The BlueJ Blackbox data collection project is an initiative by the
developers of BlueJ to collect data on how BlueJ is used, in order to
increase understanding of how students learn to program. The data
collected is for the purposes of academic research, and will only be
used by computing education researchers.
Access to Data
For access to the data, contact
What data will be sent?
Frequently Asked Questions:
Who will the data be sent to?
The main data that will be sent is the
) source code from your projects. We
also record the use of the BlueJ interface: for example, which methods
are invoked, use of the codepad, use of the debugger, and how you use
other features of BlueJ. No identifying information (e.g. username)
will be sent with the data.
The data will be sent to a server hosted at the University of Kent in the UK.
Researchers at the University of Kent will have access to the data in order to
analyse it, and access will also be provided to other recognised computing
education researchers for the purpose of analysis.
How will the data be anonymised?
No identifying information (e.g. username, machine name) is sent to the
server. The name of the project is sent, but the full path (which probably
contains your username) is not. Source code is sent, but all comments before
the class begins are blanked out -- that is, the top comment before your class
will be blanked, as that typically contains your name. All other code (and
comments) are sent to the server.
How much traffic will this
The exact rate at which data will be sent is dependent on the actions
you are performing and the size of your source code base. As an
estimate, we believe for a handful of small classes (e.g. the projects
accompanying the textbook) that the upload will
be around 3-4 Megabytes each hour of continued use, and the download
will be around 1 Megabyte each hour. As a quick point of comparison,
loading the BBC news front page once involves downloading around 0.5
Megabytes of data and uploading 0.06 Megabytes.
How can I opt in/out?
To change your participation in this research, in BlueJ 3.1.0 and later, go to
the Preferences window, and under the Miscellaneous tab there is an option to
change your current participation.
Why do I repeatedly get asked if
I want to opt in?
I'm a network administrator; how I do
disable participation for my users?
Your participation status is stored in BlueJ's properties file. This is
stored in your user profile directory on your machine. For a home machine, or
a school network which supports persistent profiles, you should be asked once,
and this decision stored thereafter.
However if your network does not keep your profile, you will be asked every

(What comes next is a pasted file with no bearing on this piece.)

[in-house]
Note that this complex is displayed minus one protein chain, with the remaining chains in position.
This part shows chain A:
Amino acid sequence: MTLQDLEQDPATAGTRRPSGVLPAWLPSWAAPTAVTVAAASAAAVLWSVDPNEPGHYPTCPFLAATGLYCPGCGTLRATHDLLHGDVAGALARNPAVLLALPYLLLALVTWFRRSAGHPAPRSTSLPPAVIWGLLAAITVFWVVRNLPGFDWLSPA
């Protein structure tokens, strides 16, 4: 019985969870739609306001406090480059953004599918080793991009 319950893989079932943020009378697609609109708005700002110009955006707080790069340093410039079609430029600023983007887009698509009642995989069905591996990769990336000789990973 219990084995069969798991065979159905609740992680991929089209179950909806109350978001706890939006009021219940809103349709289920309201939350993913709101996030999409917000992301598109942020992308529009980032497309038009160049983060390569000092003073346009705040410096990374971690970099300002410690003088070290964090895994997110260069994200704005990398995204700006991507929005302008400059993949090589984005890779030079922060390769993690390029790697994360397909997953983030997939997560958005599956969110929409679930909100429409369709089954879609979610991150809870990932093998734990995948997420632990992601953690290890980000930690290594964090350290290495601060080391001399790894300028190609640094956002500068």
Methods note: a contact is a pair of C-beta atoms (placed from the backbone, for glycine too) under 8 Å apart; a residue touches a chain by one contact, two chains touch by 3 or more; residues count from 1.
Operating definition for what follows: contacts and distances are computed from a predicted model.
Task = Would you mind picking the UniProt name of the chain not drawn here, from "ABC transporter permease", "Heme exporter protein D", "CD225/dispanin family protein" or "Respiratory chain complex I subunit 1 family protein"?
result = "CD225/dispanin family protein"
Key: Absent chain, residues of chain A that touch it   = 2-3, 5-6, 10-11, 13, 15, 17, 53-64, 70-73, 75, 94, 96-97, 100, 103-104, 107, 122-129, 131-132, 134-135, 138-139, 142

time you load BlueJ, because BlueJ cannot tell that you have been asked
before. In this case, you will need to contact your network administrator
and tell them to either let profiles persist (the ideal solution), or
otherwise to alter the bluej.defs file supplied with BlueJ to include the
My question isn't
If you want to opt-out your users by default, you can alter the bluej.defs file that is
installed with BlueJ to include the line:
If you are having a technical problem with BlueJ, even if it is
related to the Blackbox project, please contact us
via our standard support form
. If you have a question about the
research side of the Blackbox project, you can contact us
List of Publications
Becker, B. A., Murray, C., Tao, T., Song, C., McCartney, R., and Sanders, K., Fix the First, Ignore the Rest: Dealing with Multiple Compiler Error Messages,
Proceedings of the 49th ACM Technical Symposium on Computer Science Education (SIGCSE '18). ACM, New York, NY, USA, 634-639, 2018.
Mirza, O. M., Joy, M., and Cosma, G., Suitability of BlackBox dataset for style
analysis in detection of source code plagiarism,
Seventh International Conference on
Innovative Computing Technology (INTECH), Luton, pp. 90-94, 2017.
Brown, N. C. C. and Altadmri, A., Novice Java Programming Mistakes: Large-Scale Data vs. Educator Beliefs,
Trans. Comput. Educ. Volume 17, issue 2, Article 7 , 21 pages, 2017.
Keuning, H., Heeren, B., and Jeuring, J., Code quality issues in student programs,
Proceedings of the 2017 ACM Conference on Innovation and Technology in
Computer Science Education, ser. ITiCSE ’17. New York, NY, USA: ACM, pp. 110–115, 2017.
McCall,D., Kölling, M., Meaningful categorisation of novice
Frontiers In Education Conference
, pages 2589-2596, 2014. DOI: https://10.1109/FIE.2014.7044420
Murray, C., A Comparative Study of Java Compiler Error Profiles Using the Blackbox Dataset,
Doctor of Philosophy (PhD) thesis, University College Dublin, 2016.
Altadmri, A., and Brown, N.C.C., Researching Programming Education with Blackbox (Abstract Only)
, In Proceedings of the 47th ACM Technical Symposium on Computing Science Education (SIGCSE '16),
ACM, New York, NY, USA, 702-702. 2016.
Altadmri, A., and Brown, N., C.C.,. 37 Million Compilations: Investigating Novice Programming Mistakes in Large-Scale Student Data,
In Proceedings of the 46th ACM Technical Symposium on Computer
Science Education (SIGCSE '15), ACM, New York, NY, USA, 522-527, 2015.
Brown, N., C.C., Kölling, M., McCall, D., and Utting, I., Blackbox: a large scale repository of novice programmers' activity,
In Proceedings of the 45th ACM technical symposium on Computer science education (SIGCSE '14), ACM, New York, NY, USA, 223-228, 2014.
Brown, N., C.C. and Altadmri, A.,
Investigating novice programming mistakes: educator beliefs vs. student data.
In Proceedings of the tenth annual conference
on International computing education research (ICER '14),
ACM, New York, NY, USA, 43-50, 2014.
Brown, N., C.C., Introduction to analysing the BlueJ blackbox data (abstract only)
In Proceedings of the 45th ACM technical symposium on Computer science education(SIGCSE '14), ACM, New York, NY, USA, 748-748, 2014.